Skip to main content

Denver Broncos | News

Breaking Down The Chargers Offense

ENGLEWOOD, Colo. --Other offenses were more explosive against the Broncos than San Diego's. The Giants and Patriots amassed more first downs than San Diego, which had 20 in Week 10 and 24 in Week 15. The Cowboys had more points in one game against the Broncos than the Chargers did in two. Eight teams averaged more yardage per play.

But no one converted more key third downs and did a better job of playing keep-away from the most prolific offense in league history than the Chargers, who were the only team to possess the football for more than 35 minutes against the Broncos -- and did it twice. 

The results were obvious. Against every other foe, the Broncos ran between 66 and 91 plays. Against the Chargers, they ran just 53 and 60. With fewer snaps and fewer possessions, San Diego's deliberate offense helped limit the Broncos to two of their three sub-30-point games in 2013. It was a game of keep-away, and it worked.

The Chargers are uniquely qualified to run this sort of game, thanks to a third-down conversion rate that is the league's best in two years, and by gaining first downs on 31.4 percent of their offensive plays, the second-highest percentage in the league. And with five fourth-down conversions in six attempts -- including a first-possession fake punt against Denver in Week 10 -- the Chargers' drive-sustaining percentage of 51.46 from when they get to first down is the league's best, and 10.10 percent above the average. (All of the top four teams in drive-sustaining percentage are still alive: San Diego, Denver, Carolina and New Orleans). 

San Diego's passing game has gotten the attention throughout the season, and rightfully so. Quarterback Philip Rivers looks for perceived mismatches, which is how he focused on finding where rookie cornerback Kayvon Webster was lined up when the Broncos were in the nickel package and throwing at the man he was covering.

But the ground game has been equally damaging against the Broncos, even though it doesn't match the league rushing leaders.

When running back Ryan Mathews has gotten to the edge, he's been dangerous. His two longest runs this year against the Broncos -- gains of 35 and 23 yards -- saw him wait, then bounce to the outside. In each case, he was aided by a Broncos error: a missed tackle on the 35-yard run in Week 10; a too-late sprint to the sideline by a safety in Week 15. 

Those jaunts represent nearly one-third of the Chargers' output of runs to gain at least 20 yards this year. San Diego has just seven runs for 20-plus yards, and their ratio of one run for at least 20 yards every 69.43 carries ranks 29th in the league.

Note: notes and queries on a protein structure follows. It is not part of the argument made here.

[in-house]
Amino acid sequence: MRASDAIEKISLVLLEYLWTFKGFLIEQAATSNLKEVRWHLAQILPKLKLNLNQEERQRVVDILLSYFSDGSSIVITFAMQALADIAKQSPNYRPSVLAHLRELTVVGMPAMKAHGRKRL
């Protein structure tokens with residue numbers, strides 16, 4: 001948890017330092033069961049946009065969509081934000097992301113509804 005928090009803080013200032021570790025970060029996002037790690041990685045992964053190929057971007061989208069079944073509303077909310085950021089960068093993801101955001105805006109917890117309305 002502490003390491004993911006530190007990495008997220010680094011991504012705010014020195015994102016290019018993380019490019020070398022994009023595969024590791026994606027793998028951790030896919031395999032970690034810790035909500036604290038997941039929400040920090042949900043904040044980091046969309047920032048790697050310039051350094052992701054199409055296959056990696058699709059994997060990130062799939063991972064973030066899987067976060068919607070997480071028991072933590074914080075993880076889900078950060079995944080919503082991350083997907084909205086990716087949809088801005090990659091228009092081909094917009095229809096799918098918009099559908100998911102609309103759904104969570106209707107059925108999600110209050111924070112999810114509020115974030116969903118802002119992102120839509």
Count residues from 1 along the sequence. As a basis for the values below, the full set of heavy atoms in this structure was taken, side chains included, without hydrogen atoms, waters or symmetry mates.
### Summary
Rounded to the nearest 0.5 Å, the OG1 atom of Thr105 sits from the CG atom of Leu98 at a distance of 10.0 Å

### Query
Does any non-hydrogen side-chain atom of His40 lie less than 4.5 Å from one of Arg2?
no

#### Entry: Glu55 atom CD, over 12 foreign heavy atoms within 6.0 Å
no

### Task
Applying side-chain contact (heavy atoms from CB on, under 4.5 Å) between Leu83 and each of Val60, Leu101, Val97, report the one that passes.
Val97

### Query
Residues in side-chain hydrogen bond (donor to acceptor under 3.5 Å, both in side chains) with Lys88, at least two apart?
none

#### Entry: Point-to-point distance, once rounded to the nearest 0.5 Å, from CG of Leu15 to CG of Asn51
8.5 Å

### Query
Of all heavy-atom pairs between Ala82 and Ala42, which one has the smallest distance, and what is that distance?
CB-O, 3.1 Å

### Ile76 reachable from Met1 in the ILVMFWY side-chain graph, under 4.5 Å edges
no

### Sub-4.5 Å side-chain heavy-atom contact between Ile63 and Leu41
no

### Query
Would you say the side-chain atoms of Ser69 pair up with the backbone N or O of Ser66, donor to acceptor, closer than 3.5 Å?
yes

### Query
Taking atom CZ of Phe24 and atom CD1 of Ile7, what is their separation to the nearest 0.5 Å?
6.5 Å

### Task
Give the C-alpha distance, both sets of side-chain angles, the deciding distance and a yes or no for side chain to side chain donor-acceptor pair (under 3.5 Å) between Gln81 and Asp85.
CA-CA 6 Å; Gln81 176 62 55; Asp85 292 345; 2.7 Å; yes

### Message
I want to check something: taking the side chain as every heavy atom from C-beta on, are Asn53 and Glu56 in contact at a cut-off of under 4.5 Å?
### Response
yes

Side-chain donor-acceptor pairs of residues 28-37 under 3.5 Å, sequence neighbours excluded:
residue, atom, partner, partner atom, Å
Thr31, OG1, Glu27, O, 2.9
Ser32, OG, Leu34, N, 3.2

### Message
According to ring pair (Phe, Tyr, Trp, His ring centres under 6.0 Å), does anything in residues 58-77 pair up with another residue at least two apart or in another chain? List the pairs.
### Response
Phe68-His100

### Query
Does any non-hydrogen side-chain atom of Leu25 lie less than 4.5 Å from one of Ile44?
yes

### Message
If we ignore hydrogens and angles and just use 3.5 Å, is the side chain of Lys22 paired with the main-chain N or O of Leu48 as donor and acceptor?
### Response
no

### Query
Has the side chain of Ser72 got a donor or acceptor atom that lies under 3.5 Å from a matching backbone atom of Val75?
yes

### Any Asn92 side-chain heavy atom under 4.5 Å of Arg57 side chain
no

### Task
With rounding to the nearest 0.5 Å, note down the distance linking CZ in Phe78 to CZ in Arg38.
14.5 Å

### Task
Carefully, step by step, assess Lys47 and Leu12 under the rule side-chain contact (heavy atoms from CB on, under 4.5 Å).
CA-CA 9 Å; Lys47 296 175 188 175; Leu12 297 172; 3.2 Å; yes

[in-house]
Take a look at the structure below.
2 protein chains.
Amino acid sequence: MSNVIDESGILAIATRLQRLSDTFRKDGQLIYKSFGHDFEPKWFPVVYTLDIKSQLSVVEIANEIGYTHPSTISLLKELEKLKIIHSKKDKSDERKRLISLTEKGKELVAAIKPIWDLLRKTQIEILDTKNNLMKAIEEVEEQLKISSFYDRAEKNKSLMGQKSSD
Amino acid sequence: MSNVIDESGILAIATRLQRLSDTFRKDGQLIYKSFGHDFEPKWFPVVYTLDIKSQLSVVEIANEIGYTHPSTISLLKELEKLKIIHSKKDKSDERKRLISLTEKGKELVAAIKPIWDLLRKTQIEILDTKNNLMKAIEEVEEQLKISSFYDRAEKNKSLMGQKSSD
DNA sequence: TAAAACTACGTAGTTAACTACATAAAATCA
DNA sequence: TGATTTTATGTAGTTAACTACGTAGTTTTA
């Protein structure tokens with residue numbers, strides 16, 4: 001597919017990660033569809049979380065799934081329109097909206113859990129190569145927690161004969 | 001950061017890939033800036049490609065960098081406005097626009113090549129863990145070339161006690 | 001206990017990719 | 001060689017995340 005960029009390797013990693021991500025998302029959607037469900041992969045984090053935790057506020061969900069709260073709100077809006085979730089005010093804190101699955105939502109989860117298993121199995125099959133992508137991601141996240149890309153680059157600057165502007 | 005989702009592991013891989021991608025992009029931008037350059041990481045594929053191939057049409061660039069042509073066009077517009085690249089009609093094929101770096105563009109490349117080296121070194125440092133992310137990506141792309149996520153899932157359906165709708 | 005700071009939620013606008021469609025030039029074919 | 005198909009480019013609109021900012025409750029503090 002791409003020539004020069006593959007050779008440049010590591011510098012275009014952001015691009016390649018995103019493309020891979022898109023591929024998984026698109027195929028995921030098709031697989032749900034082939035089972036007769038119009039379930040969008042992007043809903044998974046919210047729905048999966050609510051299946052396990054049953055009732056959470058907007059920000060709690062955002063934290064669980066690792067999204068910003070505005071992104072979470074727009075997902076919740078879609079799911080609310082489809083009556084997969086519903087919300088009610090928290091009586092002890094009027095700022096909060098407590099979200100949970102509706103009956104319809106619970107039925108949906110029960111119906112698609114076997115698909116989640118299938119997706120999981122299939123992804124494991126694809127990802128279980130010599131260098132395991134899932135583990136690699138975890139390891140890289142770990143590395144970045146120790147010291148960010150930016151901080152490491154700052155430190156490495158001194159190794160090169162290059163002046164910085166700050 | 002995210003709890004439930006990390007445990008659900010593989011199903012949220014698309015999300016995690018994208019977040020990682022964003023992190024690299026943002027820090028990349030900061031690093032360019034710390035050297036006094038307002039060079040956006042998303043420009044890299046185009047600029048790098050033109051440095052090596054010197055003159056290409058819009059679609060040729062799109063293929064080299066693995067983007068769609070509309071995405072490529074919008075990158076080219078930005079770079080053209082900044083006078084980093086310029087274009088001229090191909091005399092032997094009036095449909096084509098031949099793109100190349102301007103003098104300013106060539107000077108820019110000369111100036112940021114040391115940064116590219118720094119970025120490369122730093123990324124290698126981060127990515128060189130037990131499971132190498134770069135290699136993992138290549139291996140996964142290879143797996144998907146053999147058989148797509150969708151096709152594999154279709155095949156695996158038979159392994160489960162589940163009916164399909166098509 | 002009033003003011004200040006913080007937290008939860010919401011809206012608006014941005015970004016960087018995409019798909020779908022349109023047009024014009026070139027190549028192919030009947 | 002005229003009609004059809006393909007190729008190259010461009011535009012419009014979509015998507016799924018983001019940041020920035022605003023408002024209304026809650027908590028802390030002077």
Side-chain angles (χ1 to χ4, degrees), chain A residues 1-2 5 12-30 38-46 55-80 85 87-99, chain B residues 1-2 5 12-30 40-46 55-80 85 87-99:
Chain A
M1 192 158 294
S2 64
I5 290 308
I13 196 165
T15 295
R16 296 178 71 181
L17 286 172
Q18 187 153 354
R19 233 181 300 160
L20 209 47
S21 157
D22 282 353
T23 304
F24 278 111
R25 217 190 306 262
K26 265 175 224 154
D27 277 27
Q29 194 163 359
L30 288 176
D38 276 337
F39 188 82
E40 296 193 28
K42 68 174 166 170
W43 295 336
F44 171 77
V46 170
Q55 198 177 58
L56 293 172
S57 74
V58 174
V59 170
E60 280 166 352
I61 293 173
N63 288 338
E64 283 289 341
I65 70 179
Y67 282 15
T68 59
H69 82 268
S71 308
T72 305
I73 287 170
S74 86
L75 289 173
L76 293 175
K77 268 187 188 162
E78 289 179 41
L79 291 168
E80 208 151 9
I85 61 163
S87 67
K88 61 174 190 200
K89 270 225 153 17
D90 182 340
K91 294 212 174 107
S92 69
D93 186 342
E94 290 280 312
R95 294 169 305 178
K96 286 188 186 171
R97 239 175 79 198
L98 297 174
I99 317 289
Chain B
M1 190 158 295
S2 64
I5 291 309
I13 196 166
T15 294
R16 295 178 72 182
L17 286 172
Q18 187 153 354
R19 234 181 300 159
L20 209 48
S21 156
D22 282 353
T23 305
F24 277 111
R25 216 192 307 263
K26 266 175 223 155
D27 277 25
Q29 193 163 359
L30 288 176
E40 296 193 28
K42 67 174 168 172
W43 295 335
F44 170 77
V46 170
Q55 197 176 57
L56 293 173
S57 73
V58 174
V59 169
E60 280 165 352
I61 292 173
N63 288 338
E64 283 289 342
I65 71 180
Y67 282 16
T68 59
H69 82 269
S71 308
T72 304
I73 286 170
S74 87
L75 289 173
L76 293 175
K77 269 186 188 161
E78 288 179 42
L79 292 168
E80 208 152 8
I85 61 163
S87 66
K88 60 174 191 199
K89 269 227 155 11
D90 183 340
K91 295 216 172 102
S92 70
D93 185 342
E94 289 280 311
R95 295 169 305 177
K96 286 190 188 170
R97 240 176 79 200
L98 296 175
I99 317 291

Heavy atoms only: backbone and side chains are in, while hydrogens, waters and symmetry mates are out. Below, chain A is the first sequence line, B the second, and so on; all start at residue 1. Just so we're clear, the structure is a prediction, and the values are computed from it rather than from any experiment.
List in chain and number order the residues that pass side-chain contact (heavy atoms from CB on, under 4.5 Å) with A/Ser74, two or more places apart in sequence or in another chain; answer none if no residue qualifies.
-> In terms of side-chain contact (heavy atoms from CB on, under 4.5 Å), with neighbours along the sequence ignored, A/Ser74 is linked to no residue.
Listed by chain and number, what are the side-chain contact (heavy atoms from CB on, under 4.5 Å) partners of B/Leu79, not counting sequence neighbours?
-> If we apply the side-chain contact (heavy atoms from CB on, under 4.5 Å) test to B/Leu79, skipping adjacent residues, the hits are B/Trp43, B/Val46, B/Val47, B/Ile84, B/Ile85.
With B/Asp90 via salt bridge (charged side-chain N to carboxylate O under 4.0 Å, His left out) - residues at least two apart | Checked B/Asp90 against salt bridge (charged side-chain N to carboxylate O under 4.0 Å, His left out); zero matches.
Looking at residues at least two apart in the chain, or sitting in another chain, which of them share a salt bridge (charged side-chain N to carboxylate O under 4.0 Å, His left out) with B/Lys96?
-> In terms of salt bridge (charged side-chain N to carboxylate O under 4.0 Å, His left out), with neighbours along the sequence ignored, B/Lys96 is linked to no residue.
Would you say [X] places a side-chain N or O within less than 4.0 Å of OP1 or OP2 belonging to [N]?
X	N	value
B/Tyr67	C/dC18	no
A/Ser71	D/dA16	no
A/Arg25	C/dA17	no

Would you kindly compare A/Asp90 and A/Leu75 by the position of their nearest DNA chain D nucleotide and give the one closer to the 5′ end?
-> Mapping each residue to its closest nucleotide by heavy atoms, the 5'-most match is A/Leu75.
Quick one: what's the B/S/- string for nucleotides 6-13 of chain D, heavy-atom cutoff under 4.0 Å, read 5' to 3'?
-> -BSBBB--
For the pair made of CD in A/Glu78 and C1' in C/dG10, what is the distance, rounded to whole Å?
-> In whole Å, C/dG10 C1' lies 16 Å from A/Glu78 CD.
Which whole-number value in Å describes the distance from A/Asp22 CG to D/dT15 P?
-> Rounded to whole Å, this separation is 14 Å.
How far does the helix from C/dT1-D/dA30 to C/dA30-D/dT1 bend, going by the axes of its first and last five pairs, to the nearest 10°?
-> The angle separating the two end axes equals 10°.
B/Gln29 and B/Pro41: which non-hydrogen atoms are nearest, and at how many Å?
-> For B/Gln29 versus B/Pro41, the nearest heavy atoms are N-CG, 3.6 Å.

The Broncos can expect this again until they prove they can stop it, although the Chargers might tweak their alignment.

"A lot of times you have the greatest success by running the same plays from different formations and different sets and disguising it," said San Diego offensive coordinator Ken Whisenhunt at his Thursday press conference. "Offensively, we get to motion and shift and move around a lot, and that helps do that."

That is noticeable to cornerback Chris Harris, Jr. 

"Even from the first game -- I go back and watch the first game -- they run the same plays they ran the second game. We just didn't execute it right," he said Every team, they're going to hide it and try to get back to the same play. But we just have to be aware of what they like to do. 

"Even from the first game, we shut some of the stuff down, but they still came back and ran it again the second time. We just didn't execute it right."

Like its defense, San Diego's offense will try to catch the Broncos off-guard with motion, misdirection and disguised intentions. 

"They're going to have some things that will be counters for what we did in the game and hopefully some of the things we're adjusting to try to anticipate what they'll do will work," said Whisenhunt.

But ultimately the Broncos' hopes of advancement Sunday will rest on whether they can prevent the three- and four-yard gains from creating the third-and-shorts that become clock-chewing plays after the Chargers convert.

This article has been reproduced in a new format and may be missing content or contain faulty links. Please use the Contact Us link in our site footer to report an issue.